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In what appears to be another slew of trademark battles, Red Bull energy drinks has challenged the use of the word “ox” in the brand name of a small craft brewery in Virginia. Red Bull filed its opposition with the USPTO against trademark applications from “Old Ox Brewery,” which opened in the northern Virginia suburb of Ashburn in June 2014. Old Ox Brewery is scheduled to produce over 4,000 kegs of beer by December, set for distribution to only a small area of Virginia.

Red Bull argues that the ox used in the brewery’s name is likely to cause customer confusion. It bases this on the fact that both an ox and a bull are bovine animals and are virtually indistinguishable to customers.

The brewery’s president, Chris Burns, was not pleased with Red Bull’s actions. Burns sent a letter to Red Bull, contending that Red Bull was holding the small company “hostage” and that their action would severely limit Old Ox Brewery’s ability to use their brand. Burns’s letter cites to his frustration with the claim of trademark confusion, and Burns makes statements including, “You are a big Red Bully […] just like that mean kid from grade school pushing everyone down on the playground and giving us post-gym class wedgies. You are giving us one hell of a corporate wedgie. We don’t appreciate it and we sure as hell don’t deserve it.”

This isn’t the first time a large entity has gotten in the way of a small entity.

In 2011, an individual named Bo-Muller Moore filed a trademark for the phrase “Eat More Kale.” The company Chick fil-A, holder of the trademark “Eat mor Chickin,’” sent a cease and desist letter to Moore. Moore decided to pursue his trademark, and was granted his trademark in December 2014. This is one example of a trademark-registrant standing up to, and winning against, the “corporate bully.”

On the one hand, smaller companies and entities can become increasingly frustrated with the “corporate bully” overreaching and overseeing trademark filings. Big companies are quick to send cease and desist letters to small companies, and small companies are typically left with little recourse to pursue the trademark that they may have worked so hard to get. However, on the other hand, big companies file and obtain trademarks to secure their financial rights in a product, image, slogan, or phrase that has earned them significant financial success and recognition.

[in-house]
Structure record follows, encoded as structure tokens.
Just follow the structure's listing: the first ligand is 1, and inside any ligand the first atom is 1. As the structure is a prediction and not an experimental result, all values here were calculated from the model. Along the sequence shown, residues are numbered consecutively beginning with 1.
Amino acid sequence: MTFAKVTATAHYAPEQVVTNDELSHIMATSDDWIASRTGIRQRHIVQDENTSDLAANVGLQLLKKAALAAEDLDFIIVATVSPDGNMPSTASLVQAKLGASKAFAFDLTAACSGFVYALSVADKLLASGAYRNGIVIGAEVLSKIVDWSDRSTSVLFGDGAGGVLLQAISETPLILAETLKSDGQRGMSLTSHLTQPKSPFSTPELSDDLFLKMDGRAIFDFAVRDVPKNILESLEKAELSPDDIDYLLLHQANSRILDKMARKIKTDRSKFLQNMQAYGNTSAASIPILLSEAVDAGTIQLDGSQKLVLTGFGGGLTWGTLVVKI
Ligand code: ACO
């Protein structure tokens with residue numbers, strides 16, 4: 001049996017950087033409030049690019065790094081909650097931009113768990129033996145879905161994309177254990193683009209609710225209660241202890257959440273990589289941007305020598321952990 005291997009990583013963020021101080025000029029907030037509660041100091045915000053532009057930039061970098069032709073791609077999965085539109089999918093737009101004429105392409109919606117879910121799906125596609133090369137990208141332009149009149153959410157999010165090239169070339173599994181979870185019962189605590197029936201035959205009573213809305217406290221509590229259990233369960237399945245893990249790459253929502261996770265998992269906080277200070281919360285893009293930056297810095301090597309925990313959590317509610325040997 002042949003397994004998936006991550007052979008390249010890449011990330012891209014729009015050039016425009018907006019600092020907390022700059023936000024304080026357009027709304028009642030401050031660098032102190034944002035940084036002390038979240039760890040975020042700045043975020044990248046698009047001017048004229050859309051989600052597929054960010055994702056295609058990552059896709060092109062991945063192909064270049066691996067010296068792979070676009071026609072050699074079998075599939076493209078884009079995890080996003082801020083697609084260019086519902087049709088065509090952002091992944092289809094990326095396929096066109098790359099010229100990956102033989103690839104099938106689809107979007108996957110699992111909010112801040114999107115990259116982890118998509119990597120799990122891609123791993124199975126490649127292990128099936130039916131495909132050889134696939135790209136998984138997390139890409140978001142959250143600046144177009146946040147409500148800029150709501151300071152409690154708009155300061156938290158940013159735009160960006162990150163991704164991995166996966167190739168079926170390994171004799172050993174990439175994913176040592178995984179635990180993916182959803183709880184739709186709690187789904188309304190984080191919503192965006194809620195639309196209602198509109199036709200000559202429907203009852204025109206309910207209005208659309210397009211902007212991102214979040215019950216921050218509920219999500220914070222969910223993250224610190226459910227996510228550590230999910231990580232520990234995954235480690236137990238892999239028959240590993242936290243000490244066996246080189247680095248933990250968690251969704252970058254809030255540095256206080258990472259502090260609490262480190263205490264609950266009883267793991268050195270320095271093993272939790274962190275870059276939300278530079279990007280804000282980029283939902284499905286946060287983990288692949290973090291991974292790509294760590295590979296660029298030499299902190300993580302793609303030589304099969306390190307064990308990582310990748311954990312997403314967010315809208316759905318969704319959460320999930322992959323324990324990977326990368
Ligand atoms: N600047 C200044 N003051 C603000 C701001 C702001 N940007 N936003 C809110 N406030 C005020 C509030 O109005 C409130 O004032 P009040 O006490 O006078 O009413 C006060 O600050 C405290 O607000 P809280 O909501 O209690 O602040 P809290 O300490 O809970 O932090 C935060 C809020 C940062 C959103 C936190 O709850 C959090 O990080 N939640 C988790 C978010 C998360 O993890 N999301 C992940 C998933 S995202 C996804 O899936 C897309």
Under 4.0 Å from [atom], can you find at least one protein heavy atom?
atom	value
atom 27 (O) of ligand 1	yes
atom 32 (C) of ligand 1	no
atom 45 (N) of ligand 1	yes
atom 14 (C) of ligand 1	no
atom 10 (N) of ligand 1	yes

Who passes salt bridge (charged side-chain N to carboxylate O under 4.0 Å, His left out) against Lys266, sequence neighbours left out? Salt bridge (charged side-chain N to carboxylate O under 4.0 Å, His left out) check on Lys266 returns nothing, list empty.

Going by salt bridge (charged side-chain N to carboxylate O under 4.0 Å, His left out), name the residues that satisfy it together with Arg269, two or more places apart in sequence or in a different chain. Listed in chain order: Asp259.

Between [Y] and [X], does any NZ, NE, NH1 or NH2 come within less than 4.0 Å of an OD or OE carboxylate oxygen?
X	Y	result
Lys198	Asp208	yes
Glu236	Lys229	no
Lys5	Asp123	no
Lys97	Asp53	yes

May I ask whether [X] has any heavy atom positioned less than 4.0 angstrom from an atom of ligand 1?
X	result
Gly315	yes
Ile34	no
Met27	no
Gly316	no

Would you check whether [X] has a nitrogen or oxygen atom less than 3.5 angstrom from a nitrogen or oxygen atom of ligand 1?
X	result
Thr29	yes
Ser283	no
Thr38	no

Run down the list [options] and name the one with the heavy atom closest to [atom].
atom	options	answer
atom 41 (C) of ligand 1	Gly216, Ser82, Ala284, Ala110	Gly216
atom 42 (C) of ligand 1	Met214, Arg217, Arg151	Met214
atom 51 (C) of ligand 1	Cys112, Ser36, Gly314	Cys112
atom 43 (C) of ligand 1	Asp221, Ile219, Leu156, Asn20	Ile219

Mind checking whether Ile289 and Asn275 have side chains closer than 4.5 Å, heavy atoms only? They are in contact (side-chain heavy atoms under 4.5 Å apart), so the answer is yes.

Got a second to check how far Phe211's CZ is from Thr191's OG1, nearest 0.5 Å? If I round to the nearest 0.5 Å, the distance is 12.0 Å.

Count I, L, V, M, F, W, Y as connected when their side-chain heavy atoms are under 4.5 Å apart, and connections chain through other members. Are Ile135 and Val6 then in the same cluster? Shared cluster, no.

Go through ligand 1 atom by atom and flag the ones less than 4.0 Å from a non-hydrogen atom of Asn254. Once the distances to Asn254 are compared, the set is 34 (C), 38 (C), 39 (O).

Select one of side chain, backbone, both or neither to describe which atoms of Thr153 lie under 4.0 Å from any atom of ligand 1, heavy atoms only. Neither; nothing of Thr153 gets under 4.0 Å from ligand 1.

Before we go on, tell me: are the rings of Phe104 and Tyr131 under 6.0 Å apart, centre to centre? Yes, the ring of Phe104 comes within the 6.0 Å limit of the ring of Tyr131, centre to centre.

For example, Taylor Swift has been in the news a lot lately regarding her overzealous filing of numerous trademarks. Recently, she has filed trademark applications for the phrases: “This Sick Beat,” “Nice to Meet You”, “Where You Been?,” and “Party Like It’s 1989,” among others.

Numerous people have questioned whether she is even allowed to trademark such terms. But, according to trademark guidelines, you only need to follow a few rules: (1) your trademark cannot be a generic term, meaning the commonly used name of the product that you are trying to sell; (2) your trademark cannot be something that is entirely descriptive; (3) your trademark generally can be arbitrary, with no connection to the good or service, or fanciful, meaning it has no inherent meaning at all.

Taylor Swift may have something going with trademarking random song lyrics. Due to the rise of streaming music, it is increasingly difficult for artists to make money on their music, which leaves musicians looking for new ways to make money. Trademarking random phrases could be a way for artists to make money in new ways.

Therefore, while trademark cease and desist letters may seem a corporate encumbrance to smaller companies and entities, trademarks provide businesses important monetary revenue. Before filing your trademark, it is important to perform thorough trademark searches, to avoid any potential infringements with a company that may be quick to attack.

Are Big Companies Taking Their Trademarks Too Far?